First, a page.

I. The ALJ's Step Two Determination

Plaintiff argues that the ALJ erred in failing to include urinary urge incontinence as a severe impairment at step two. The ALJ noted that Plaintiff experienced incontinence issues, but that post-bladder surgery they caused "only transient and mild symptoms and limitations, did not persist for twelve continuous months, and do not have greater than [] minimal limitations on the claimant's ability to perform basic work activities and are therefore considered non severe." AR 28. Plaintiff argues that she continued to experience urge incontinence issues post-surgery, and that even if urge incontinence was not a severe impairment, the ALJ should have considered the limitations it causes when assessing her RFC.

A. Legal Standards

Defendant employs a five-step "sequential evaluation process" to determine whether a claimant is disabled. See 20 C.F.R. § 404.1520; 20 C.F.R. § 416.920. If the claimant is found disabled or not disabled at any particular step thereof, the disability determination is made at that step, and the sequential evaluation process ends. See id. At step two of the evaluation process, the ALJ must determine if an impairment is "severe." 20 C.F.R. § 404.1520, § 416.920. An impairment is "not severe" if it does not "significantly limit" a claimant's mental or physical abilities to do basic work activities. 20 C.F.R. § 404.1520(a)(4)(iii), (c), § 416.920(a)(4)(iii), (c); see also Social Security Ruling ("SSR") 96-3p, 1996 WL 374181, at *1 (Jul. 2, 1996). Basic work activities are those "abilities and aptitudes necessary to do most jobs." 20 C.F.R. § 404.1521(b), § 416.921(b); SSR 85-28, 1985 WL 56856 *3.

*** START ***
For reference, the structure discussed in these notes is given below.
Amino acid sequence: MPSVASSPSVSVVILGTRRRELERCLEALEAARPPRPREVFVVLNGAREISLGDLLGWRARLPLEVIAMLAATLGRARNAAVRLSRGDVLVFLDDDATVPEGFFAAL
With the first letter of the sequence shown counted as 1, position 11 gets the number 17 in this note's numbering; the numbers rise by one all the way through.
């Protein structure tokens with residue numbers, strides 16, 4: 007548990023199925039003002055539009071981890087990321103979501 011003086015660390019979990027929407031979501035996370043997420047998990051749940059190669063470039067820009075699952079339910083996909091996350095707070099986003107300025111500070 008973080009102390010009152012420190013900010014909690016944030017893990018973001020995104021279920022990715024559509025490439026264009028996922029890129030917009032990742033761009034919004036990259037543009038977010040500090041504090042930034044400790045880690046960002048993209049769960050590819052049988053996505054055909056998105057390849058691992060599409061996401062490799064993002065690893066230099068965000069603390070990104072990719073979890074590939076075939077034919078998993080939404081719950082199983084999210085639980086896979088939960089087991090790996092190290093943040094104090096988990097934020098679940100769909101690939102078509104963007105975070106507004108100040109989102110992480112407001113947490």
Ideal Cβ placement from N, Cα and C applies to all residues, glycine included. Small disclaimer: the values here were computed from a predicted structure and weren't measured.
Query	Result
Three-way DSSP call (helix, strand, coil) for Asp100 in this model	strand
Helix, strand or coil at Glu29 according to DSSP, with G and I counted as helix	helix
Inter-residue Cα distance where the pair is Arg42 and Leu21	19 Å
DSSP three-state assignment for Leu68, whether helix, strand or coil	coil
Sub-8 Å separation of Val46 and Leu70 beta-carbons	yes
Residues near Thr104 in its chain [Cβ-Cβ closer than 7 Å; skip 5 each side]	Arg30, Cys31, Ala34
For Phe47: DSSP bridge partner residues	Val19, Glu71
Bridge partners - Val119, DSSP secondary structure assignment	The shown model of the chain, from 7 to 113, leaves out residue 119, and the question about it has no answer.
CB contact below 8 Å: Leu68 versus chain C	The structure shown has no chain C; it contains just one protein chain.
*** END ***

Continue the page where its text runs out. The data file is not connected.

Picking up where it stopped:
An impairment is not severe only if the evidence establishes a slight abnormality that has "no more than a minimal effect on an individual[']s ability to work." SSR 85-28, 1985 WL 56856, at *3 (Jan. 1, 1985); see also Smolen v. Chater, 80 F.3d 1273, 1290 (9th Cir. 1996); Yuckert v. Bowen, 841 F.2d 303, 306 (9th Cir.1988). Plaintiff has the burden of proving that her "impairments or their symptoms affect [her] ability to perform basic work activities." Edlund v. Massanari, 253 F.3d 1152, 1159-60 (9th Cir. 2001); Tidwell v. Apfel, 161 F.3d 599, 601 (9th Cir. 1998). The step two inquiry described above, however, is a de minimis screening device used to dispose of groundless claims. See Smolen, 80 F.3d at 1290.

B. Urge Incontinence

The medical record contains evidence that Plaintiff complained of urge incontinence, but does not contain any medical opinion regarding the limitations caused by Plaintiff's urge incontinence. See AR 699, 717. The only evidence of record establishing the limitations caused by Plaintiff's urge incontinence is Plaintiff's hearing testimony. See AR 58-59, 68. The record does not show that Plaintiff sought treatment for her urge incontinence post-surgery, even though her treating physician believed that treatment was available. AR 717.

The dearth of objective evidence establishing the existence of limitations caused by Plaintiff's urge incontinence is fatal to her assignment of error, because there is no medical evidence establishing the severity of the impairment. See SSR 96-3p, at *2 (Jul. 2, 1996) (instructing an ALJ to perform "a careful evaluation of the medical findings that describe the impairment(s) (i.e., the objective medical evidence and any impairment-related symptoms), and an informed judgment about the limitations and restrictions the impairment(s) and related symptom(s) impose on the individual's physical and mental ability to do basic work activities"). As explained infra, the ALJ's adverse credibility determination is supported by substantial evidence, and thus the ALJ was not required to credit ...